Coupled with the everimproving technical advancements in modern outboard motors comes the dilemma of deciding whether to purchase a 2-stroke or 4-stroke engine to suit your particular needs.
Today’s outboards offer greater power, increased reliability, faster top speeds, more responsive handling and they are better for the environment than their predecessors. But, making the choice between a 2-stroke or 4-stroke outboard is not easy. Leisure Boating uncovered some of the pros and cons of both these motor types to settle the score once and for all.
WHAT THE MANUFACTURERS SAY
All outboard manufacturers profess that their particular range of outboard motors is better than the next manufacturer. While individual components and design elements might be better in one manufacturer’s outboards than that of other manufacturer, each will have positive attributes and elements attached to their particular brand. It’s human nature and good marketing to promote a brand of outboard motors by painting the rosiest picture.
So, don’t be completely swayed by how a manufacturer promotes its brand as this article aims to narrow the differences down between 2-stroke and 4-stroke engines. Only then should you start looking for a manufacturer that suits your outboard needs.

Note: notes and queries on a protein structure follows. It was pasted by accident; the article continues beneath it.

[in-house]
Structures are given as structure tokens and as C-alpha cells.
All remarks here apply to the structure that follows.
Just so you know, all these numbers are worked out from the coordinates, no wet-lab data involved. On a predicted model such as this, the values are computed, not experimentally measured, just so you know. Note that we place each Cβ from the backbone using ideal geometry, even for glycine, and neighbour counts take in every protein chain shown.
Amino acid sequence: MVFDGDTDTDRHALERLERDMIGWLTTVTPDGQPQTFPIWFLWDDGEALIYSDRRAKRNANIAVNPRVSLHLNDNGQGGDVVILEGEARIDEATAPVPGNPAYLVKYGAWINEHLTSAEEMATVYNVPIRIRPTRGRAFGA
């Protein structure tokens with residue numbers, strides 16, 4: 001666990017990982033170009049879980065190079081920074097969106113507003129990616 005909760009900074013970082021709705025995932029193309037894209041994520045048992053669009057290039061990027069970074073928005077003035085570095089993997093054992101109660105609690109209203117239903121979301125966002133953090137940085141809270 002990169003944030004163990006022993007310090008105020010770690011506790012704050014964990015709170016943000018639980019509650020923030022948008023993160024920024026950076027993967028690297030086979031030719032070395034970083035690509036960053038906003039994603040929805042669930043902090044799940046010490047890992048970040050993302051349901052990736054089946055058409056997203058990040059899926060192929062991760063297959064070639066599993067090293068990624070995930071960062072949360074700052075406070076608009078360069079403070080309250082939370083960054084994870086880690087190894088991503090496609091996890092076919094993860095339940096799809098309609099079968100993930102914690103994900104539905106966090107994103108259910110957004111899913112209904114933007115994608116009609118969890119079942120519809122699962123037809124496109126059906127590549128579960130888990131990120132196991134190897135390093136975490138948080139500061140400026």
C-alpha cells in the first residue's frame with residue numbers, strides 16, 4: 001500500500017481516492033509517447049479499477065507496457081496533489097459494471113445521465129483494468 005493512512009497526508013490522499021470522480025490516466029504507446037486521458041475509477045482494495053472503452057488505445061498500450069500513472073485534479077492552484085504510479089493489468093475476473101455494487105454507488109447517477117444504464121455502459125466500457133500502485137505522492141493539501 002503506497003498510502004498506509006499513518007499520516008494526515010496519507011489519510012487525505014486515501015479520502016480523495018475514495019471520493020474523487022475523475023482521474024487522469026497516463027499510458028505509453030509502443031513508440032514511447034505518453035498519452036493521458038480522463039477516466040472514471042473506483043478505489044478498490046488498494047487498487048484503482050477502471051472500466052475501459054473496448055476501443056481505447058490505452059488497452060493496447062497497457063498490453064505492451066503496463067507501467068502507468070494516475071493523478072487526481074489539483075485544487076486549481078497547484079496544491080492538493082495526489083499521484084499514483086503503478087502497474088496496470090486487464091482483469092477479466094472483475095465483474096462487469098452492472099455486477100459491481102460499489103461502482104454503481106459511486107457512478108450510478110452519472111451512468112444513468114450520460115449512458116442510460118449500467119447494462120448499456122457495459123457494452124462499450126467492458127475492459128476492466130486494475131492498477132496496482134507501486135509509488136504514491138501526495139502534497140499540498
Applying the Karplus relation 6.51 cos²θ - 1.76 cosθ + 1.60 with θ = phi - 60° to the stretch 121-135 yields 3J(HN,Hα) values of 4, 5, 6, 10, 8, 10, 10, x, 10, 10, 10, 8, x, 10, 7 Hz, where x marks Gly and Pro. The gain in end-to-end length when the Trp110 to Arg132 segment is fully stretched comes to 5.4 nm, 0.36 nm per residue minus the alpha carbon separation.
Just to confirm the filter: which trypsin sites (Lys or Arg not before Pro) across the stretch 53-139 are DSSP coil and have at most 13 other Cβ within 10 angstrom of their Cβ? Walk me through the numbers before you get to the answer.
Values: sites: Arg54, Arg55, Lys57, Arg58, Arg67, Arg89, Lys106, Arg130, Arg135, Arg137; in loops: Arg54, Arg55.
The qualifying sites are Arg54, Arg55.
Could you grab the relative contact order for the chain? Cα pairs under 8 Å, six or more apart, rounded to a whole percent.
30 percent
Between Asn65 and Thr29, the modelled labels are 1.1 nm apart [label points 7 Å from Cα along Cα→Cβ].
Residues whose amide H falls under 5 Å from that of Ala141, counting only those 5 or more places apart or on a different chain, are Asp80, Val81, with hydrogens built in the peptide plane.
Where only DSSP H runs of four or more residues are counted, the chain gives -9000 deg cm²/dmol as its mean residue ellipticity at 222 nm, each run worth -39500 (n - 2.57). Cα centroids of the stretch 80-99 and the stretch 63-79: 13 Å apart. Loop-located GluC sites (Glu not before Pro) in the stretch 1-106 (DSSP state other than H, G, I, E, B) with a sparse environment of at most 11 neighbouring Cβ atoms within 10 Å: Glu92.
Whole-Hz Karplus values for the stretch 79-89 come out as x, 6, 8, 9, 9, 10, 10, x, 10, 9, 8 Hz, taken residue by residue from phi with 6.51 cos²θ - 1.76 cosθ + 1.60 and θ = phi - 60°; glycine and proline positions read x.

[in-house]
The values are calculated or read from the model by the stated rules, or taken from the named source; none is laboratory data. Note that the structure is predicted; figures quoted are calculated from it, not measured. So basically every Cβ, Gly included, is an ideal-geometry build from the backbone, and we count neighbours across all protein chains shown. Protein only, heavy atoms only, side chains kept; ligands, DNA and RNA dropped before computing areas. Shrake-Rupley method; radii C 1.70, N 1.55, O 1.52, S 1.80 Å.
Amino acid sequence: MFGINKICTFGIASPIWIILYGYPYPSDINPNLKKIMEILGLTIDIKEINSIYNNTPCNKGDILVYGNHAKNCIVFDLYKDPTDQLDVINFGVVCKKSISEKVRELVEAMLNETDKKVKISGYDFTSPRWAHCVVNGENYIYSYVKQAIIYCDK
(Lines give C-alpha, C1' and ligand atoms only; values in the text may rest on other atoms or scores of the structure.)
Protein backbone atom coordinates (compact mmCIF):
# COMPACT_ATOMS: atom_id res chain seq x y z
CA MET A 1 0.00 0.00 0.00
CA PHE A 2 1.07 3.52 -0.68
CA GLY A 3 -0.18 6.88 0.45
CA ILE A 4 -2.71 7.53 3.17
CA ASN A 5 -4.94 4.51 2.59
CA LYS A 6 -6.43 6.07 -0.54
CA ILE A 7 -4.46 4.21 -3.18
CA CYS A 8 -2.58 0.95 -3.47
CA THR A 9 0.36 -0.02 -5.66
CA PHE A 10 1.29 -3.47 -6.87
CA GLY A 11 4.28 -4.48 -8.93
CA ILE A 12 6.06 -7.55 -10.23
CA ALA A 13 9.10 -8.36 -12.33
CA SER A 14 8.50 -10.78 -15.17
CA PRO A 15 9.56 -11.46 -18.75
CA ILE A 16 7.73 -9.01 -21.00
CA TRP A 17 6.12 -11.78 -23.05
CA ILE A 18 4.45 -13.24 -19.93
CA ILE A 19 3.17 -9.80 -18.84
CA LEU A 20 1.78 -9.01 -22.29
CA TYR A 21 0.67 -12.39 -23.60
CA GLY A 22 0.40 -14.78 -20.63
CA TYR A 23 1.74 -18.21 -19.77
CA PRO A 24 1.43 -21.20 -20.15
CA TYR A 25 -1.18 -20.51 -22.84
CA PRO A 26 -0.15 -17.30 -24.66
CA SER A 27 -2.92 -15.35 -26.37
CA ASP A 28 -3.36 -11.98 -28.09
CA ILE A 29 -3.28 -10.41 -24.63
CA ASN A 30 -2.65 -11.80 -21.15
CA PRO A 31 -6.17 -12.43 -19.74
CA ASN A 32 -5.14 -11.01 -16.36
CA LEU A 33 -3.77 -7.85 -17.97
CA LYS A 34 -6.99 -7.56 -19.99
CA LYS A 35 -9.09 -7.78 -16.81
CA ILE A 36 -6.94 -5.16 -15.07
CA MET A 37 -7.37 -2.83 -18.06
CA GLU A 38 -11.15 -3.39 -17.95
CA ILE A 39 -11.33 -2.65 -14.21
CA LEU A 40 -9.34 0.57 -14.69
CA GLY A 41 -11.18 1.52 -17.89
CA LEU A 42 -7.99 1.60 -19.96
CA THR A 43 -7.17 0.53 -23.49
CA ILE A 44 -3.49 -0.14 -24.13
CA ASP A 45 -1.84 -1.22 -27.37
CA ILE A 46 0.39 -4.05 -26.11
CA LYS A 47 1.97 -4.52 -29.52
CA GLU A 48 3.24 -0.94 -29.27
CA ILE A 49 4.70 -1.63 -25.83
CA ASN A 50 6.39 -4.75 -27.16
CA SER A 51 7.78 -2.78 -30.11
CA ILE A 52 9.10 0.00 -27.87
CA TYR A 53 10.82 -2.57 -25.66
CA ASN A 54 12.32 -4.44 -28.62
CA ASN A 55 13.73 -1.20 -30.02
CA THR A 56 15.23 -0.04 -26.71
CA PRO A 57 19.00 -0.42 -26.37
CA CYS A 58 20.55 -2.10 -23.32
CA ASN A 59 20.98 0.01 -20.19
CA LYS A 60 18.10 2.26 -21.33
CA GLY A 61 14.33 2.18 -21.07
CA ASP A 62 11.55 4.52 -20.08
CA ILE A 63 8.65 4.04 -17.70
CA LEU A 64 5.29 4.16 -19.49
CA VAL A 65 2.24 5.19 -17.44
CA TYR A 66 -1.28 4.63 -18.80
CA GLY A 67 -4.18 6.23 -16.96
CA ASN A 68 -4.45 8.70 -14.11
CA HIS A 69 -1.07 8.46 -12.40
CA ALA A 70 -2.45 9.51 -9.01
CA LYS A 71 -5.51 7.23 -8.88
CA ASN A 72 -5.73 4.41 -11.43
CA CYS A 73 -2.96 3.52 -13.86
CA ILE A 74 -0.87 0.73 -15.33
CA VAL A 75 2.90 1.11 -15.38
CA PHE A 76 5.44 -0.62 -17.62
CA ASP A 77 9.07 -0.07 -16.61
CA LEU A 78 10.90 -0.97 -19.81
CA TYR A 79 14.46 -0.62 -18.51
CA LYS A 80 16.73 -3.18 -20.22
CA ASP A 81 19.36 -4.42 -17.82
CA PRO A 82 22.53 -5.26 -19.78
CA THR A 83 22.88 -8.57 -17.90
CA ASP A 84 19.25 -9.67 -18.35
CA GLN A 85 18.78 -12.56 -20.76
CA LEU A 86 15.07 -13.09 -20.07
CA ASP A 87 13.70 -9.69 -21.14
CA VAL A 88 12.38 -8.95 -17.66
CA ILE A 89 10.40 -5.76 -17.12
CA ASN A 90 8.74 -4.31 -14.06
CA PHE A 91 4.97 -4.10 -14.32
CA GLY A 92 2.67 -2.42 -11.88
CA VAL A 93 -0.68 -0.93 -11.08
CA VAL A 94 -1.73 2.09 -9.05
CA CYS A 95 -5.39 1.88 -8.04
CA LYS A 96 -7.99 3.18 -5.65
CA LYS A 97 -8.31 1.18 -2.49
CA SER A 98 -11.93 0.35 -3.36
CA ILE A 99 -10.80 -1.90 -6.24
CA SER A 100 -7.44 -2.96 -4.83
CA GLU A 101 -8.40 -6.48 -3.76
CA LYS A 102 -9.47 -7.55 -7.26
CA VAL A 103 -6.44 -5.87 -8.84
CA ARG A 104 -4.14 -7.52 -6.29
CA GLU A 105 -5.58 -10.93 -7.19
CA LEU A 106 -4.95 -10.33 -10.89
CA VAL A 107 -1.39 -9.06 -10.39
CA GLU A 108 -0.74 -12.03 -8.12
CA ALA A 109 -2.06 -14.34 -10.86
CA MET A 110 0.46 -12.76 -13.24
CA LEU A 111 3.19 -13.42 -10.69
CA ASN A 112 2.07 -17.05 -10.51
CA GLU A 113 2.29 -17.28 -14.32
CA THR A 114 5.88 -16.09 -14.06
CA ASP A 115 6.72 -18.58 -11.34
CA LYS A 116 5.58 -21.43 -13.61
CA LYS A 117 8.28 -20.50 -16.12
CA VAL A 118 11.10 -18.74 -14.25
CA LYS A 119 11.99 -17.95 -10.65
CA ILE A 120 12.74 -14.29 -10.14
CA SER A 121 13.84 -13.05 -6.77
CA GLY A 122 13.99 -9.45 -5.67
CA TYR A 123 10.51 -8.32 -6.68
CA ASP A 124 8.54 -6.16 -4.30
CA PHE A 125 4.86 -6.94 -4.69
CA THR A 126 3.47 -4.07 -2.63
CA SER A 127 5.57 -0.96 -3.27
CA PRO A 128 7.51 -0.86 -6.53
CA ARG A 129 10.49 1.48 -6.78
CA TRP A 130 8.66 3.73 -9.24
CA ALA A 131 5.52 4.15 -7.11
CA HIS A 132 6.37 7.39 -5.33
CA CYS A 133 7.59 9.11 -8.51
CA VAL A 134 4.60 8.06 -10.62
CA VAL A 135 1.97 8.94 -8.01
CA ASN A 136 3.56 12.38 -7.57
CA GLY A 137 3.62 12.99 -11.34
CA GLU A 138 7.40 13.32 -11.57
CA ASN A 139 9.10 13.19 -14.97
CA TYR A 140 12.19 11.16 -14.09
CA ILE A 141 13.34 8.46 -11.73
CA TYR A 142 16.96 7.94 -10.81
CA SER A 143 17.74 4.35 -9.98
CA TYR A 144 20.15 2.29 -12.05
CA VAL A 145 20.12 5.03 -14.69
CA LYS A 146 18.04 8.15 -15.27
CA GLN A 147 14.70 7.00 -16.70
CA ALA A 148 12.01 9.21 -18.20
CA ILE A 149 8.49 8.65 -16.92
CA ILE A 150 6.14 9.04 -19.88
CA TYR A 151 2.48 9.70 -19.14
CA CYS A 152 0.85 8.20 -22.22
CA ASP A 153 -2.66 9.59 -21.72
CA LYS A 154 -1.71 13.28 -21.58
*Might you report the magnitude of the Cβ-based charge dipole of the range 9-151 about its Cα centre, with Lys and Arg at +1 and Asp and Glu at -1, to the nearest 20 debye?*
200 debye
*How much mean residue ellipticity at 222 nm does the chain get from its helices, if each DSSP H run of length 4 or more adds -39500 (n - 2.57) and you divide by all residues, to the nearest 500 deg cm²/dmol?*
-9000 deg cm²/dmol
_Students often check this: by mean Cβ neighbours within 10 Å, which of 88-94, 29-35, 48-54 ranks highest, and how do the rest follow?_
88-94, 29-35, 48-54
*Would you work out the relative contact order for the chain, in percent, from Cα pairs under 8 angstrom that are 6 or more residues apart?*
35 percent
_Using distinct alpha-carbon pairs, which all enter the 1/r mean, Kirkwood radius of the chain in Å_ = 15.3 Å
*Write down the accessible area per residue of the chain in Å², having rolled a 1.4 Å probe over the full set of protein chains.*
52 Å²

WHAT’S THE DIFFERENCE?
Outboard motors are generally categorised as 2-stroke or 4-stroke motors and this refers to the number of strokes the piston attains to complete a full power cycle.
Both these types of motors work on the same combustion principles yet they are manufactured and engineered quite differently, each with its own advantages and disadvantages.
In 2-stroke outboards, the fuel-air mixture enters the combustion chamber via a gap in the side of the cylinder and the exhaust gases exit through another exit vent in the cylinder. Initially, 2-stroke engines utilised carburetors to control the fuel-air mixture – but these days have been replaced by more efficient, computerised, direct injection motors.
Carbureted outboard motors are not particularly fuel efficient. The newer direct injection 2-stroke motors enjoy vastly improved consumptions and lower emissions. 2-stroke outboards are also often lighter than their 4-stroke counterparts as they don’t require camshafts, valves and belts.